Bringing Environmental Accountability to the Cleaning Industry

Somerville Sustainable CleaningPhoto by Adrianne Mathiowetz.

After years working in the cleaning industry, Marcelo Silva was burned out.

“It’s a high-burnout industry,” he explains. “[There’s] this tendency of the industry of not caring for its actions, and not caring about how it handles its employees.”

He took time off to reflect, asking himself, “What can I do that’s meaningful?” That question led to the birth of Somerville Sustainable Cleaning, which Silva started out of his Union Square home in 2010.

“The vision for it was to be different in the way we did things, and to be sustainable,” Silva explains. “Sustainability’s one of those words that’s really hard to define. For me, personally, it’s the ability to provide value to our customers and at the same time to be as environmentally friendly as possible, and to be able to repeat that process every day.”

Silva’s three-pronged definition of sustainability ripples throughout the company’s practices, from chemicals to cleaning techniques to Silva’s attitude toward the staff. Take vinegar: the common cleaner is cheap, Silva explains, but it’s also acidic, can cause microcracks in glass, and is bad for electronics, plus its repeated use has been linked to respiratory problems for cleaners, so his company steers clear of it.

The approach is far from what Silva experienced when he first entered the industry. He says they would use “stronger and stronger” chemicals and wipe immediately. At Somerville Sustainable Cleaning, they use milder cleaners and give them time to stand.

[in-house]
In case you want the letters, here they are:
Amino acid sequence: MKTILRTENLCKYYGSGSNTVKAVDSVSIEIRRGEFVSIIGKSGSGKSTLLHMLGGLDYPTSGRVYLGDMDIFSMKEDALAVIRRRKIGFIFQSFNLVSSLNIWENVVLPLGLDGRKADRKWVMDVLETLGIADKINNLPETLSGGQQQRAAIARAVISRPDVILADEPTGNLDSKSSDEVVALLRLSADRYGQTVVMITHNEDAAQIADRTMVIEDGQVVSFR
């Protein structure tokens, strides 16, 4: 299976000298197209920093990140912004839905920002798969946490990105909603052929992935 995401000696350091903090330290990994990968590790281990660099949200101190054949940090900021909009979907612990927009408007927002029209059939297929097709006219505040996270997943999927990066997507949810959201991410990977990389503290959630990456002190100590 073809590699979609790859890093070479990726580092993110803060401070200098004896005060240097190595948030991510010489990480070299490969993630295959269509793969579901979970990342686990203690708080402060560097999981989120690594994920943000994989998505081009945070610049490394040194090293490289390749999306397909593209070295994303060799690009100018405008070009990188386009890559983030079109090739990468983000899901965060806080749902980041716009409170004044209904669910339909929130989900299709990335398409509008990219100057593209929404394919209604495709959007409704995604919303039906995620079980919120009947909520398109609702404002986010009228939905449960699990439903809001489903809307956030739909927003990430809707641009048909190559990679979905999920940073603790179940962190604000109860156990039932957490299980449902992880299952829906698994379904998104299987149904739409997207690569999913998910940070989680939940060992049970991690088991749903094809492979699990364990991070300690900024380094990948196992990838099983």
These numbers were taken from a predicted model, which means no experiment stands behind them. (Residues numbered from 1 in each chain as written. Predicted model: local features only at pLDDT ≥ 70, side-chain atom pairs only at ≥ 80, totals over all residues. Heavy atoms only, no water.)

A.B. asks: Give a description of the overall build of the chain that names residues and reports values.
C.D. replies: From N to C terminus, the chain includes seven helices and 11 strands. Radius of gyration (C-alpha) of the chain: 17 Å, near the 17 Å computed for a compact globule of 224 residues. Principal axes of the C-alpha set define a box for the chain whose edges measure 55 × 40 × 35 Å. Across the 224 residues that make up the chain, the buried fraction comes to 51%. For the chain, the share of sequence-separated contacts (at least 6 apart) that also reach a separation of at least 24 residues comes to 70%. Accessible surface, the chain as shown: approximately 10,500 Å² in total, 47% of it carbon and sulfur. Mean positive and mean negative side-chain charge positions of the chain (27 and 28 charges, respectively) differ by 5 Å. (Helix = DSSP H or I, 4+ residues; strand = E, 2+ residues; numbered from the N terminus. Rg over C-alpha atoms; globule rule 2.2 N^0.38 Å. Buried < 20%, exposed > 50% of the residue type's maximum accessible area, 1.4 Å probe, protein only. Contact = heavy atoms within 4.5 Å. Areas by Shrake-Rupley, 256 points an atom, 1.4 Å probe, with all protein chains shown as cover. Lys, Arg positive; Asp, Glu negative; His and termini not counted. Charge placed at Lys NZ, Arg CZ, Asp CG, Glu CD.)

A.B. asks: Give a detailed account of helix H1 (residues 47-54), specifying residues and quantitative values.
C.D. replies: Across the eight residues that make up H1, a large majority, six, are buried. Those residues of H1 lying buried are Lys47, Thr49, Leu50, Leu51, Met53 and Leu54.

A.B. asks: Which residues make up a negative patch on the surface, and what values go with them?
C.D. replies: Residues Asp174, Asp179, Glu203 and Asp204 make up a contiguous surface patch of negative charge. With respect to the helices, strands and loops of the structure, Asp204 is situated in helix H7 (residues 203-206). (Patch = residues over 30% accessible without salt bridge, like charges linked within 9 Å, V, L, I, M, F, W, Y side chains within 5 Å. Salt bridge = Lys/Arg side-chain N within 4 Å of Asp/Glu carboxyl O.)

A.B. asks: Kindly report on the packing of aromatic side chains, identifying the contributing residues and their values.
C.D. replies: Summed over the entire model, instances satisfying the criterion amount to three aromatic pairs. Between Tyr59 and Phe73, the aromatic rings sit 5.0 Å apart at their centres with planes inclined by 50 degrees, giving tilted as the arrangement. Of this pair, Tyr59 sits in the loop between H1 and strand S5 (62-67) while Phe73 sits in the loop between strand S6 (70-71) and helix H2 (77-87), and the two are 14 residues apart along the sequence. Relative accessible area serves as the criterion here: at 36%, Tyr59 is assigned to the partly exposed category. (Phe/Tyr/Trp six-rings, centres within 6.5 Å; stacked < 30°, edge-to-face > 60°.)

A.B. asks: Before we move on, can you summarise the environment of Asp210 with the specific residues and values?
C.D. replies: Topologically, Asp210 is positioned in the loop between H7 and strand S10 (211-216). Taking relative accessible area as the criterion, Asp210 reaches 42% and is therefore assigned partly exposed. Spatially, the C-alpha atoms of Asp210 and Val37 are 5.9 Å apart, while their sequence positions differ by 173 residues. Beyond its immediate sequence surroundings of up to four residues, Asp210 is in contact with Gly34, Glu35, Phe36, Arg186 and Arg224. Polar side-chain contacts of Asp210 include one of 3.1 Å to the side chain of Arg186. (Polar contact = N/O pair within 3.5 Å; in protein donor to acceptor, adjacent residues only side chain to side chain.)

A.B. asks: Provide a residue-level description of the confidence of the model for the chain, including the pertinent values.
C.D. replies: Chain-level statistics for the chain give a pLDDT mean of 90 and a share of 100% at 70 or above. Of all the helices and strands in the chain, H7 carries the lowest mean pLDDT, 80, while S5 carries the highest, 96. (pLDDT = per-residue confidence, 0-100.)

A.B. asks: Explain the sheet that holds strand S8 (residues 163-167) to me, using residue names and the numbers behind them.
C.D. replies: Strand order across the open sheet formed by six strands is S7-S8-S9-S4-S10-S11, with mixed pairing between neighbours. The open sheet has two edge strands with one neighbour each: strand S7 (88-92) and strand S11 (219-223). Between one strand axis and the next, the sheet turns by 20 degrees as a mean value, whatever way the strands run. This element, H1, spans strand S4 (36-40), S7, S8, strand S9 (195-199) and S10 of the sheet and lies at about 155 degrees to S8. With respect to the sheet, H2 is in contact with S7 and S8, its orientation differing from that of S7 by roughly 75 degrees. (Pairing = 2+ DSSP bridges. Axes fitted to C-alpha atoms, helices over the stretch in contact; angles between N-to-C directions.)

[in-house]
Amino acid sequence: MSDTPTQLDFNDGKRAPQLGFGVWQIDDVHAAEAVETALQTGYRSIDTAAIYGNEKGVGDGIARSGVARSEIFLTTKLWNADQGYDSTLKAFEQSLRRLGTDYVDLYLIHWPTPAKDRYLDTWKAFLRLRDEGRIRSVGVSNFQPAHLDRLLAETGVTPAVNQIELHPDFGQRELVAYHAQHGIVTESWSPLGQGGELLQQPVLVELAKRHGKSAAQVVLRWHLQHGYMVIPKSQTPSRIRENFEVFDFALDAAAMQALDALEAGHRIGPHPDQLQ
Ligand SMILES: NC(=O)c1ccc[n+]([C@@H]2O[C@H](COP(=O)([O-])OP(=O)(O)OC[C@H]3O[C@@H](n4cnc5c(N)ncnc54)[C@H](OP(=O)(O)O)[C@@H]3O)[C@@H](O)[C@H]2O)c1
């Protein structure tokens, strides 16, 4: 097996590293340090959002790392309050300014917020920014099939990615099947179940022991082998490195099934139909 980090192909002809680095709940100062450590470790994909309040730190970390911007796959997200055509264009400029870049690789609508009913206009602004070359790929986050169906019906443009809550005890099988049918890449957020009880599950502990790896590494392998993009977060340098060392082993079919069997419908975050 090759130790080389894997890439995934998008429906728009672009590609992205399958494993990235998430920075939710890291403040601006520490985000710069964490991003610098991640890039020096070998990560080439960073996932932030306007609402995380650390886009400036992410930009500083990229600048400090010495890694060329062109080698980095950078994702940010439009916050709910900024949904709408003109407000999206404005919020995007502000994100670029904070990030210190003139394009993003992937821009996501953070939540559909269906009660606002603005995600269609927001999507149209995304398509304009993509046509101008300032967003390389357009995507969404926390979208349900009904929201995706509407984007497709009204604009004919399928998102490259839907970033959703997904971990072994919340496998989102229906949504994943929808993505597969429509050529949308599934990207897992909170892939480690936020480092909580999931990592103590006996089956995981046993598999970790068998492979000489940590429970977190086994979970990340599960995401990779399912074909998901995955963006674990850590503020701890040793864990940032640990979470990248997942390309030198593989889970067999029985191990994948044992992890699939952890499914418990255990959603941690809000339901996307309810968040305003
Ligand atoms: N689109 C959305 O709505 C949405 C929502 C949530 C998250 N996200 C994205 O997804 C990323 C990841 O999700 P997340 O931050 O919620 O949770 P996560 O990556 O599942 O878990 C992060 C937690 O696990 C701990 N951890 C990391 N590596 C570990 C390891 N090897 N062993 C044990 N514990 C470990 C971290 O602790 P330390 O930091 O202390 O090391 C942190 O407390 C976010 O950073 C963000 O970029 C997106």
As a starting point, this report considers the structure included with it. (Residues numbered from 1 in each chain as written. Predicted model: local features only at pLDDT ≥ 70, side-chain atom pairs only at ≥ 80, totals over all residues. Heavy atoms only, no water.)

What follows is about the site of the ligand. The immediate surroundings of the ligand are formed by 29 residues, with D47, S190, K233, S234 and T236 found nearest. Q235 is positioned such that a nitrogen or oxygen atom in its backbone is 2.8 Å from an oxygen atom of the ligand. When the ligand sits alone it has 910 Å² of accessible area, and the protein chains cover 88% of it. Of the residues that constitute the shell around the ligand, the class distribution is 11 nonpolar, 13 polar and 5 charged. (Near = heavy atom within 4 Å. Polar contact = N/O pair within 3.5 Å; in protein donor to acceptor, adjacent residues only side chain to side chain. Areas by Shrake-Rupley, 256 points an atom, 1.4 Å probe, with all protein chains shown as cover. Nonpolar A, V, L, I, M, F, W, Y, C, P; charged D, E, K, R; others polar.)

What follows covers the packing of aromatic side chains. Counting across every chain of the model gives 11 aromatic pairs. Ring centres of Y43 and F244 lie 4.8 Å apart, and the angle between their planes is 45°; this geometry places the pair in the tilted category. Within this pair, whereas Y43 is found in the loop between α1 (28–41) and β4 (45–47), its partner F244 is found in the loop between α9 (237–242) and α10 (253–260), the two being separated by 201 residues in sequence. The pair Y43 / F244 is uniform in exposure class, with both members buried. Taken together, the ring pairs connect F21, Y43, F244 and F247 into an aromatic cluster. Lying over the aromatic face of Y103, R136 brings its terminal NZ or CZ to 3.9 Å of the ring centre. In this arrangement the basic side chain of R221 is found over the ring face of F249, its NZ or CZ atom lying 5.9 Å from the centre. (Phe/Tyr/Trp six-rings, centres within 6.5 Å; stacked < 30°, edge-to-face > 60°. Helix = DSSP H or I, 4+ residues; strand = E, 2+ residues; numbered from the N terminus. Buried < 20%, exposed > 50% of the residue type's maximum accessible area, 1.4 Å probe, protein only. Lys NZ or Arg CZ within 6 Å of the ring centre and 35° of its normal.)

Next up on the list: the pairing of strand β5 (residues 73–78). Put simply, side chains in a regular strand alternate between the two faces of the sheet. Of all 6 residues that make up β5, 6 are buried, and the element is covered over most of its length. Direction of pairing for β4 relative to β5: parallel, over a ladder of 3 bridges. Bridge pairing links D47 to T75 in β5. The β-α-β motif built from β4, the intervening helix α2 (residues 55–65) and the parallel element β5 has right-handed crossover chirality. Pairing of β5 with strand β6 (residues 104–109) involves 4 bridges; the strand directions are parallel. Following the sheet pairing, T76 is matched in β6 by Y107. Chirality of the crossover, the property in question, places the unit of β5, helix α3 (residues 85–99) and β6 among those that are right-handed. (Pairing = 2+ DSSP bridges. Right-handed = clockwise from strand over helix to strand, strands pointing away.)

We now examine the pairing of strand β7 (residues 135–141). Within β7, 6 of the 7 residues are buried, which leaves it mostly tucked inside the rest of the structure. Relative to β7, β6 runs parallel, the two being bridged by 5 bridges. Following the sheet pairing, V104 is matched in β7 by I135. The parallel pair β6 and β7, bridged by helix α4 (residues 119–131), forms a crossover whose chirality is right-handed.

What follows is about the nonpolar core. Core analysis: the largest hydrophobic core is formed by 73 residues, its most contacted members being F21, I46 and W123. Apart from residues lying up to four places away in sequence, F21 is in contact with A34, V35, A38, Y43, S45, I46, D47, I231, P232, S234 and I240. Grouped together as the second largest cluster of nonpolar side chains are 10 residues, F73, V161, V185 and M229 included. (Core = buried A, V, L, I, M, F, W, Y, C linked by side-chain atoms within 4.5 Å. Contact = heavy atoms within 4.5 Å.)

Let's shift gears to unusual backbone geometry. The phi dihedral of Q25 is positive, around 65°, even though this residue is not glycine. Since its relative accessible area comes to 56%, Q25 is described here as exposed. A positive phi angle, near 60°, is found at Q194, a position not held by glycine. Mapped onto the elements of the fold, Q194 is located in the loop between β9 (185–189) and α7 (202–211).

“It takes a little bit more time, but if [done] properly, it’s just as effective, and the difference is usually less than 10 percent of labor consumption,” he says. “But it’s much better environmentally, and it’s much better for the operator. They’re exposed to a lot less harsh chemicals.”

The list goes on: “Less aggressive” vacuums that yield better results because they’re less straining for workers. Bucketless mops that use 70 percent less water and leave surfaces cleaner than the traditional model does, largely by preventing the water source from getting dirty. Reusable microfiber cloths that last longer and don’t need as much chemical as regular cleaning rags do.

Starting the company shortly after the financial crisis, Silva knew he wanted Somerville Sustainable Cleaning to be self-financed so there wouldn’t be outside pressure to “cut corners” in the ways he saw were common in the industry. Sticking to its principles seems to have worked for the company, which now has a staff of about 40. More than half of Somerville Sustainable Cleaners’ sites are in Somerville or Cambridge, including Aeronaut Brewing Co., Bluebikes, Bow Market, and Formlabs.

“We work with a lot of young companies,” Silva says. “They believe in what we’re doing, a lot of startups, a lot of tech companies, a lot of companies that are following that Google idea of giving a creative outlet within the workspace. There’s definitely a transition going on right now in which workspace is becoming very nontraditional, and we have been able to really adapt to those companies.” 

The company is always looking for ways to further its mission of sustainability, from offering recyclable and biodegradable supplies to clients to trying out new cleaning techniques.

“Every day, we ask ourselves, ‘How can we be environmentally friendlier?’” Silva says. “Every month, there’s always something here that we change, that we address, that makes a small impact on the environment around us. And that really brings me great satisfaction, and the rest of the management team.”

For more information, visit somervillecleaning.com or call (617) 547-0450.

This story originally appeared in the Environmental Issue of Scout Somerville, which is available for free at more than 200 locations throughout the city or by subscription.

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